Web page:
Nipple blanching and vasospasm

I posted this article (above)in a response to a mum who was experiencing nipple pain when breastfeeding.  She had reached out in a BREASTFEEDING SUPPORT GROUP. She was about to give up due to the lack of help she was receiving. She didn’t know what was causing her pain and she didn’t know how to fix it. My advice was not unsolicited, it was factual and medically sound. It  directed her to relevant online as well as real world help. The offending article is written by an IBCLC qualified lactation consultant and has medical based information regarding vasospasms. It also contains 2 photos of a blanched nipple for reference.


I received a notification that this was not appropriate content for Facebook and was banned for a week as a result. This happened twice as I’ve shared the article more than once so I suspect there will be more bans in the pipeline. Yet, a quick search and I can find Karma Sutra positions with links to videos, topless beach babes with a poorly placed scribble across her nips, vibrators and many other pages with similar, sexual content. These are all still in place as of this morning. I can join these groups and buy these products and services. I can even link up with a group that do live sex both using Facebook live OR if they get in trouble for that, they advertise ‘plan B’ which is a whats app group… all with Facebook’s blessing. Yet I can’t link an article to help a mother feed her baby.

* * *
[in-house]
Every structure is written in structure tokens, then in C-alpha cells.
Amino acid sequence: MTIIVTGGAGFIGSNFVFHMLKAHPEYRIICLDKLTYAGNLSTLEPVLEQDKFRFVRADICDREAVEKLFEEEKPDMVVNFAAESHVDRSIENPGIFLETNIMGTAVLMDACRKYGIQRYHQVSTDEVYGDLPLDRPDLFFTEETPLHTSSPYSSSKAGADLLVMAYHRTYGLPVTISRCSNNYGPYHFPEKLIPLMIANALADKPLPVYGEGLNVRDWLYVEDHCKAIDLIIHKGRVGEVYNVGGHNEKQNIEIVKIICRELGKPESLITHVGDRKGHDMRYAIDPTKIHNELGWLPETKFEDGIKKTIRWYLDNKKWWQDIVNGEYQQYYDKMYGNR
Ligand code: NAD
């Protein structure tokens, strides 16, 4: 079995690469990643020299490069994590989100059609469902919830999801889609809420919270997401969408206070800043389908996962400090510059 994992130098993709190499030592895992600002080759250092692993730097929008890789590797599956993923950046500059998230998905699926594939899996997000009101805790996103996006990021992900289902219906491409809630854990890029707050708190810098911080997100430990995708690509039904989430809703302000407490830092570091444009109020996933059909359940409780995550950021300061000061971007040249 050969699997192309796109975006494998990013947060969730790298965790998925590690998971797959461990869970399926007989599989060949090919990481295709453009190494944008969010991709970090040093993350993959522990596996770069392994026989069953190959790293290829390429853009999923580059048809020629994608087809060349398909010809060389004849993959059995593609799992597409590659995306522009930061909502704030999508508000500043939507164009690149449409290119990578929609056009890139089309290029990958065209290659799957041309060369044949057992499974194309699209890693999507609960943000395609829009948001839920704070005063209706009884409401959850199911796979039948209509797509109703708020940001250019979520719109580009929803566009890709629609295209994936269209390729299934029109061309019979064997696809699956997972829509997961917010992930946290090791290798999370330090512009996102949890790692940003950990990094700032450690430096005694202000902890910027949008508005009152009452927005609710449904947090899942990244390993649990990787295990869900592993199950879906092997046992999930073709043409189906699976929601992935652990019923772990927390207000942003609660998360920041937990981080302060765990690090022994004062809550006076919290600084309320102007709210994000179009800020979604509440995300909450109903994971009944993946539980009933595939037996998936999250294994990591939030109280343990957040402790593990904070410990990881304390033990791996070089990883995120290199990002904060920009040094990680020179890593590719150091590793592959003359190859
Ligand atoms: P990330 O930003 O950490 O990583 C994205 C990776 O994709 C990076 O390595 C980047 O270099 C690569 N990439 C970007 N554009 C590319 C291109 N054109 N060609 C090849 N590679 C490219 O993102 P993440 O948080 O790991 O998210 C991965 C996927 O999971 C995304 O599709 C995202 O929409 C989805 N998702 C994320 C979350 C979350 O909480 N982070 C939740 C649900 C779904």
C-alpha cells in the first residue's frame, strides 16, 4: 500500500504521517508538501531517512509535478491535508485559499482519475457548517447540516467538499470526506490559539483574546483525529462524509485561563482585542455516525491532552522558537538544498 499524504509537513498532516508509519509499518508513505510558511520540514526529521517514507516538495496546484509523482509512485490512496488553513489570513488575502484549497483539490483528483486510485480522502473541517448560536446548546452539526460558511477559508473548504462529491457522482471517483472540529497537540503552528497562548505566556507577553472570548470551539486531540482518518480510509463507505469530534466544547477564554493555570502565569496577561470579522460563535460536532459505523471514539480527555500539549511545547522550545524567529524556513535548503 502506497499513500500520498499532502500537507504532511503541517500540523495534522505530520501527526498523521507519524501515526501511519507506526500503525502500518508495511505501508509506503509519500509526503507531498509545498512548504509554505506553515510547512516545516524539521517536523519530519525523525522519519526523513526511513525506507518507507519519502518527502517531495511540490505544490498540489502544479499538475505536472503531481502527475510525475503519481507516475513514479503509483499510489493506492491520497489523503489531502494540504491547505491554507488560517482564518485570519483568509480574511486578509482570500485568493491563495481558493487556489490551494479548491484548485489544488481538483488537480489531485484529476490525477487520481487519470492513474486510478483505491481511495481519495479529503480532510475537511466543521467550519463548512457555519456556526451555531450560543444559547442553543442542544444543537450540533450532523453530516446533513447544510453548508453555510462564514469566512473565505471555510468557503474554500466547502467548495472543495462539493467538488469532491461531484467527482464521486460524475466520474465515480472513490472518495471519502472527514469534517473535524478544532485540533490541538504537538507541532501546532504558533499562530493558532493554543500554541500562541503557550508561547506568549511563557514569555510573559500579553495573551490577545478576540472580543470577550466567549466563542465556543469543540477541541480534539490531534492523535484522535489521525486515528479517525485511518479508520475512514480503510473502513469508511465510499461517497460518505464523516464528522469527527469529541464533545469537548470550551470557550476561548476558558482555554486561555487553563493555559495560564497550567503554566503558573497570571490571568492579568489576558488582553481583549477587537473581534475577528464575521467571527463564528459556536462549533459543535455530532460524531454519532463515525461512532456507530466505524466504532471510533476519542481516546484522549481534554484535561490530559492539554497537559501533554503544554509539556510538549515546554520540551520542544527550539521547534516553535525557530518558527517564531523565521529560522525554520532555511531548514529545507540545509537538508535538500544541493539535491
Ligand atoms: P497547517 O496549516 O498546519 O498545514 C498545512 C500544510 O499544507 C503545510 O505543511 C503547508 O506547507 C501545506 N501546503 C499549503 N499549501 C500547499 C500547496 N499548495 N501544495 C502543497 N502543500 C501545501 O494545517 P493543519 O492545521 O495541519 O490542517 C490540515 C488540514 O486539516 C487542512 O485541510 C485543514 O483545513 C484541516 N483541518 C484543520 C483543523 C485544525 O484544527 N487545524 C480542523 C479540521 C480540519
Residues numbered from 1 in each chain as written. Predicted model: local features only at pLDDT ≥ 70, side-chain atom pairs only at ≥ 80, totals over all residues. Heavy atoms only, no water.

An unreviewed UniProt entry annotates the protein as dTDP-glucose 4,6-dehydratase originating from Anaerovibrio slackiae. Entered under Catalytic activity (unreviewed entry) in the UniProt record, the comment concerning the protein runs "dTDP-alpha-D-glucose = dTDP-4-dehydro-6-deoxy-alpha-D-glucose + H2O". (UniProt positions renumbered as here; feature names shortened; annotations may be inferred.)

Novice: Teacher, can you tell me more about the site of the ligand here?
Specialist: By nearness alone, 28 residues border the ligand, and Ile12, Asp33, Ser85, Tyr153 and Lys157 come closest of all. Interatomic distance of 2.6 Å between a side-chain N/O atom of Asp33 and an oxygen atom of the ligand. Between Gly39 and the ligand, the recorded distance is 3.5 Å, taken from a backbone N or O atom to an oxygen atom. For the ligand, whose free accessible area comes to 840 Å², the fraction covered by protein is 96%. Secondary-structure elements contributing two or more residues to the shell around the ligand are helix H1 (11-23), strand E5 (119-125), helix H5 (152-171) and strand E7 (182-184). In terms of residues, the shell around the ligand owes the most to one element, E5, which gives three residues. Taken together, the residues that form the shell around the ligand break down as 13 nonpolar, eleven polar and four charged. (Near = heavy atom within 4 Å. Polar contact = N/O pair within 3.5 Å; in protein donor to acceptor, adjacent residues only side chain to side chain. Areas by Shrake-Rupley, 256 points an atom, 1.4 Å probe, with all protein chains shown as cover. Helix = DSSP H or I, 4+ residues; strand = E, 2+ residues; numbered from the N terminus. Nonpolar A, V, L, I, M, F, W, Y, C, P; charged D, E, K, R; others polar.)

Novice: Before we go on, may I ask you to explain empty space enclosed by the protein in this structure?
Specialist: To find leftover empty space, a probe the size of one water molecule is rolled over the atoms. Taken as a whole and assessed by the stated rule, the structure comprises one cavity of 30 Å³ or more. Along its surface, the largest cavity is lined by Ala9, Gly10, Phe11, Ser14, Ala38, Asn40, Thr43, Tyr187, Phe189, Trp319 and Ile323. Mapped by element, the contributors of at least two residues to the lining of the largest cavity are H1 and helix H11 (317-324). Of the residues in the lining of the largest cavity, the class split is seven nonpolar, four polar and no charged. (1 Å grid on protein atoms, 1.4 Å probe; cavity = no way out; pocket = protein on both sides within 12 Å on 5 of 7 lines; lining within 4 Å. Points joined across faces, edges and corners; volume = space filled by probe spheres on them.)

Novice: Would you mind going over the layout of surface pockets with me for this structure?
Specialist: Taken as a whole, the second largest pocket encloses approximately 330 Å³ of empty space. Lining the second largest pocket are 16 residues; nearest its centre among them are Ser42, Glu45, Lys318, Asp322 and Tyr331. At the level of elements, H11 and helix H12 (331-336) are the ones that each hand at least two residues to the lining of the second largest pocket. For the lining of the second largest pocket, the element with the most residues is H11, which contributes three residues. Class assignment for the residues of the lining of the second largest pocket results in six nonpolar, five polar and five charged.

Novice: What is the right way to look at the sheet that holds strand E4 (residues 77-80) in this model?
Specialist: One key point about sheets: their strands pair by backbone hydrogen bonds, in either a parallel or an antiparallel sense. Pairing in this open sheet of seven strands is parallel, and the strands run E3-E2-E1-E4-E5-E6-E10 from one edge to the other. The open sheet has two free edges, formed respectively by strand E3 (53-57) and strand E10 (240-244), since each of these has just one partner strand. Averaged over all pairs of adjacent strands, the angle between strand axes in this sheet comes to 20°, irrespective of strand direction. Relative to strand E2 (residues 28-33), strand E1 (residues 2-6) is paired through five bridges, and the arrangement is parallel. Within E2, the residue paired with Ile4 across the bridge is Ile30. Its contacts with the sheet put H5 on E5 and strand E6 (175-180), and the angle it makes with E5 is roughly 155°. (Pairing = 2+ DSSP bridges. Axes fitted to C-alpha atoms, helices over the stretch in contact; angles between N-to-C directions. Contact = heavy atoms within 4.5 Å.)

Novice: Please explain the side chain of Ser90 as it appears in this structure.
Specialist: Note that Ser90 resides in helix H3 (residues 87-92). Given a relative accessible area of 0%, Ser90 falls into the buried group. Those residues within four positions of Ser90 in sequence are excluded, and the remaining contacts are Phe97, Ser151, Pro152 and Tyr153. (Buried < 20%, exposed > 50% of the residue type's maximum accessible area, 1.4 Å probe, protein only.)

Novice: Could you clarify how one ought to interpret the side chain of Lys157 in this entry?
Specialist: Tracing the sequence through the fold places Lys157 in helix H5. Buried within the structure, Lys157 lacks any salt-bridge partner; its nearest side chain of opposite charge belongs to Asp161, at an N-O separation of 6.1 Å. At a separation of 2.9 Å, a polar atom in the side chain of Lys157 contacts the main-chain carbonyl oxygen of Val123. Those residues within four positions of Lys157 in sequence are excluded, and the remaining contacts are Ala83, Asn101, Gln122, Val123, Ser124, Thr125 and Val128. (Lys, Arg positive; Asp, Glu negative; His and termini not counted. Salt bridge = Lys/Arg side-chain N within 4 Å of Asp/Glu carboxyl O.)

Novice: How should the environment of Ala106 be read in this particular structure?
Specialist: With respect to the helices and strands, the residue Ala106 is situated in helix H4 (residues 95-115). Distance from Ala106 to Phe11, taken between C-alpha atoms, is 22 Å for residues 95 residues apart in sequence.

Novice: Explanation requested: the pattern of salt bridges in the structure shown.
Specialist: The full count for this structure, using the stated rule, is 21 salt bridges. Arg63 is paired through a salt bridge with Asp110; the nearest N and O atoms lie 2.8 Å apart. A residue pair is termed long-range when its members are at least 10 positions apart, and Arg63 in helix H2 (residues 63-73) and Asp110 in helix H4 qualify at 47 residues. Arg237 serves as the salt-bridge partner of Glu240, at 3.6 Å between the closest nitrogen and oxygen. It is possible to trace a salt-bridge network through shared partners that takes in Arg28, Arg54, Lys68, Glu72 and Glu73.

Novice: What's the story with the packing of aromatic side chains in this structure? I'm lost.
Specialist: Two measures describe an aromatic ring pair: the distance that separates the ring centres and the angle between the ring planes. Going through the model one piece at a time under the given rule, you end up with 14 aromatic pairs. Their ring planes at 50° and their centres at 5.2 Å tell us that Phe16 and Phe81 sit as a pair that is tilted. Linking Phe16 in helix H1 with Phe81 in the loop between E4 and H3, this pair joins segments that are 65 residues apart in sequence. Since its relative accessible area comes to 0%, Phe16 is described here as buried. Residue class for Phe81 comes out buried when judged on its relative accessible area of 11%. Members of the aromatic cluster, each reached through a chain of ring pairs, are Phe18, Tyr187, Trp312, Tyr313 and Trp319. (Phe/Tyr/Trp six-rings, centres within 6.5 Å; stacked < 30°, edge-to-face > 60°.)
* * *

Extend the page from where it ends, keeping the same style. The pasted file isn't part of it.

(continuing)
Breastfeeding is in no way whatsoever sexual. It is simply feeding a baby in the most natural way possible, yet breastfeeding information is not in line with community standards? What is it exactly that’s so offensive about breastfeeding? Given the amount of daily dinner plates that are posted on timelines, it can’t be the FEEDING part that is of concern! But using THAT theory, the amount of breasts in timelines probably beats the pants off the butter chicken or steak and potato plates posted….. so I’m stuck! Is it the baby? Nope, they feature pretty predominantly on timelines too!!

SO…..WHAT IS IT THAT YOU TAKE ISSUE WITH?

Yours in confusion and utter frustration
Kerryn Gill-Rich”

Many people from our breastfeeding community have expressed shock, confusion and disappointment at Kerryn’s situation.  Here are some direct quotes:

Tyler Enaj – I was also reported and photo deleted

Krystal Jane

The advice and support you give mothers is invaluable and I’m sure many other mothers can attest to that. To ban you for sharing breastfeeding specific information in a breastfeeding group is just absurd